Monday, June 28, 2010

Making soccer more palatable for Americans

It is widely known that, even with a World Cup in process, non-immigrant Americans are not as fascinated by soccer as people in most other parts of the world.

I began drafting this tongue-in-cheek, but a friend pointed out that we could try some of my ideas in US professional soccer leagues.

I claim no originality in suggesting that most sports-loving Americans become impatient when watching soccer. While they may appreciate the ball control and amazing skill at passing manifested by professional players, there simply isn't enough scoring to keep their attention. They are accustomed to professional basketball, where a score of (say) 118-115 is not uncommon. In our version of football, although it often takes a little more time for one of the teams to get on the scoreboard, a game in which the two sides combine to score on
ten occasions or more is fairly frequent.

We need more viewers of soccer games on TV,  to support our economy by yielding to the beguiling advertisements. This could be achieved if we could make some changes to increase the
scoring.

I have given considerable thought to this question, and I have several "modest proposals" to speed up the scoring. Just as we have different rules in baseball's National League and American League (which allows a "designated hitter" to perform). I just suggest that we could adopt an optional program to ensure more scoring. I am not suggesting that traditional soccer rules be banned.

How to achieve this? Well, one very simple change would not cost very much, and would allow stadiums to offer traditional or "improved" soccer games. That would be simply to make the "target" more readily available. Wider goal posts and higher crossbars would soon accomplish this.

A second idea would be that when a defender accidentally kicks or heads the ball over the end line, the other side be given half a goal. If this seems too generous, I would suggest moving the point from which the attacking side kicks the ball half way in towards the goal from its traditional corner.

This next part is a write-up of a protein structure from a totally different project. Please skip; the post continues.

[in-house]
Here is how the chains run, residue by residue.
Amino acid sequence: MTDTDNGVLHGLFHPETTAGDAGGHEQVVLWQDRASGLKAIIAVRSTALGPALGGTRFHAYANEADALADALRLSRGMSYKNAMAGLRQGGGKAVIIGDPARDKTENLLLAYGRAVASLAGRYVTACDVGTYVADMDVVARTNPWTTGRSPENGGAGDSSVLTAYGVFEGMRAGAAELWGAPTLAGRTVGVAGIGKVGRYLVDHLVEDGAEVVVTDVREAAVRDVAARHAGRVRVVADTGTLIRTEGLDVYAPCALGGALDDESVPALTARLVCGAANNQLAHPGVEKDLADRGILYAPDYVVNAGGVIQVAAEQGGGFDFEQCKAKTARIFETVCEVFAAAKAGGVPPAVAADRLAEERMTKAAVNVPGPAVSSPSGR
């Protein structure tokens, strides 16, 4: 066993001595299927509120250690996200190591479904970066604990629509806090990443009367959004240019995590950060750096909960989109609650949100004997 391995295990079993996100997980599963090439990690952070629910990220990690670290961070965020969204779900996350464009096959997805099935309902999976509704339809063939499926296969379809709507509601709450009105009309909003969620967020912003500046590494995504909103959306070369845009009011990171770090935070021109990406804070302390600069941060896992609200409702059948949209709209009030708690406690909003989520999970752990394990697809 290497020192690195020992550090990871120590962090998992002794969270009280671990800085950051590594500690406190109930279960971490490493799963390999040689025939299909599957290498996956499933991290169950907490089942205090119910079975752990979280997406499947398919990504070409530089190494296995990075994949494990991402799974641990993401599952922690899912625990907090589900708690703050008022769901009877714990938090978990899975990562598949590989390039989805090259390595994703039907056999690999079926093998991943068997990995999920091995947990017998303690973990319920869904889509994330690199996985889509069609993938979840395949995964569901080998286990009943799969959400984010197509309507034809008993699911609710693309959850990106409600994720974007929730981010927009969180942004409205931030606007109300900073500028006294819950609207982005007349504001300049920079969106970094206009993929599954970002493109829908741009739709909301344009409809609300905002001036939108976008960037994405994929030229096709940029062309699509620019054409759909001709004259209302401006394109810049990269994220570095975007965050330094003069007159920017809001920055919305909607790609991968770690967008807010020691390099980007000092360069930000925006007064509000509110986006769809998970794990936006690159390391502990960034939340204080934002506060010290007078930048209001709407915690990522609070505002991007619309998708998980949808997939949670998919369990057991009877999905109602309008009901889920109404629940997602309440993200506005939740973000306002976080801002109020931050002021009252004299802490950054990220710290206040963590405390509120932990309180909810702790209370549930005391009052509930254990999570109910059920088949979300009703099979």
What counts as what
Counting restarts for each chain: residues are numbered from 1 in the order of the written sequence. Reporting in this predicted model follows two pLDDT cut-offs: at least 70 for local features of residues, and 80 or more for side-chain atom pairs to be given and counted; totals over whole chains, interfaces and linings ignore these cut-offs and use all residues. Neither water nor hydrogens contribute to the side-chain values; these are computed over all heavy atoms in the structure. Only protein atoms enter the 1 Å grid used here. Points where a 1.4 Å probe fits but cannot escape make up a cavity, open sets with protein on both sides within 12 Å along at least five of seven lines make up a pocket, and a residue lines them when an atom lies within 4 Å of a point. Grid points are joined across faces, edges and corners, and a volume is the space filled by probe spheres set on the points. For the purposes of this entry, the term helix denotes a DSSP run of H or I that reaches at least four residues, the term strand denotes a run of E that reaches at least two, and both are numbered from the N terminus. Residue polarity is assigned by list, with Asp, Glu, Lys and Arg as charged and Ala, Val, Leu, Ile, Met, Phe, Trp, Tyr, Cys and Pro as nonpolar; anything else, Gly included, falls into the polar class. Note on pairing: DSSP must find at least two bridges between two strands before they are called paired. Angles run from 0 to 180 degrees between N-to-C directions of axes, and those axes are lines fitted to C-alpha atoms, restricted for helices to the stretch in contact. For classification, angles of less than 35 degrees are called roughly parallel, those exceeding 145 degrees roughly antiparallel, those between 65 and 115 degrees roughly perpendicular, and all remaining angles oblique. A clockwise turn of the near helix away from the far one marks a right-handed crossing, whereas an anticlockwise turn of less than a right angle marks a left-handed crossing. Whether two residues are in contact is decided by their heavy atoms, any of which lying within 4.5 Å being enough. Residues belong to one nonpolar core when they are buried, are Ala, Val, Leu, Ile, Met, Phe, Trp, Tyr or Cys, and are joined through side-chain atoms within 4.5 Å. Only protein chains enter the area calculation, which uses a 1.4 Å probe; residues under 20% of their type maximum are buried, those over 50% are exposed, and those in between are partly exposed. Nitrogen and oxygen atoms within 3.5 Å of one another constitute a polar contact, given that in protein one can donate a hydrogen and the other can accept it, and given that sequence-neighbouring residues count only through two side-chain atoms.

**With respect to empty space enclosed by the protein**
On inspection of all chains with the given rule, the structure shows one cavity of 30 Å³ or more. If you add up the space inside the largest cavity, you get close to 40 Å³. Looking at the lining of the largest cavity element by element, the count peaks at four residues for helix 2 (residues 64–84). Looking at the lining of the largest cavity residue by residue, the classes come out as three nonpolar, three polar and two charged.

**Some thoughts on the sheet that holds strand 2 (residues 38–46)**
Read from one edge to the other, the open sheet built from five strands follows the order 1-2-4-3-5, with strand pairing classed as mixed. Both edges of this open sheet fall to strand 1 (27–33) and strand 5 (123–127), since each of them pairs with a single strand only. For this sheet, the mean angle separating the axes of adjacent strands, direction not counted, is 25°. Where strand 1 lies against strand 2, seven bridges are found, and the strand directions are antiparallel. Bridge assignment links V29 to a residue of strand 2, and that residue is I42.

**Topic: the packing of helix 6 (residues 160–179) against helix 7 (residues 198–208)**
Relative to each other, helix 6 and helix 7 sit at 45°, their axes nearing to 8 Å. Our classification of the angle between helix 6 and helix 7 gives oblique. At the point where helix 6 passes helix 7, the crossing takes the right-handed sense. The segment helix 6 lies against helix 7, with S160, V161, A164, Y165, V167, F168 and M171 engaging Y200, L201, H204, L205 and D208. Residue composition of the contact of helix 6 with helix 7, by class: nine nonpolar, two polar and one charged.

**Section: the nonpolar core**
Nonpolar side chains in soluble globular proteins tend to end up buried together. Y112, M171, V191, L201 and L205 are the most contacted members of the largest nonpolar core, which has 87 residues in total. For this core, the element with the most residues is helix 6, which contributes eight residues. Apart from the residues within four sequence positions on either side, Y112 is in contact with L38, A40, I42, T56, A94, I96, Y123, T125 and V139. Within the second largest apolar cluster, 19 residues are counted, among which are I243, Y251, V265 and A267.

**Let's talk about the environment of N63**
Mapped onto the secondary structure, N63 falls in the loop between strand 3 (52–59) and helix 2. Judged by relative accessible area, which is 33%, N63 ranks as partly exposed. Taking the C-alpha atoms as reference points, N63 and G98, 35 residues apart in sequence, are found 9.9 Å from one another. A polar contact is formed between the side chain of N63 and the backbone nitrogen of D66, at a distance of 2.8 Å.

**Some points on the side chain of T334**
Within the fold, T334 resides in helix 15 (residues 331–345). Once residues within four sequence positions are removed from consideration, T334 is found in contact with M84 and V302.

A minor change would grant two goals when the ball is headed into the net. Another change which could be made without additional expense would be to abolish the "yellow card". If the referee detects an infraction, the offender should immediately be given a "red card", and sent off, improving the odds for his opponents.

The simplest change of all would be to abolish the so-called "offside" rule. If a player can move quickly enough past all the offenders (except the goalkeeper), so much the better.

There have been complaints about the amount of "flopping" occurring these days: in other words, a player attempts to have a foul called on a member of the other side. I would introduce a rule that anyone detected flopping should receive a red card.

I would divide the game into four quarters, as is done in American football. In each quarter, one of the teams would have one fewer player, increasing the odds for scoring. Each team would need to do this in alternate quarters.

With these changes, soccer scores should at least become similar to those experienced in baseball. The anomaly in that sport is that when no player on one team even advances to first base, it is called a "perfect game". For the pitcher, yes; for the viewer, far from it.

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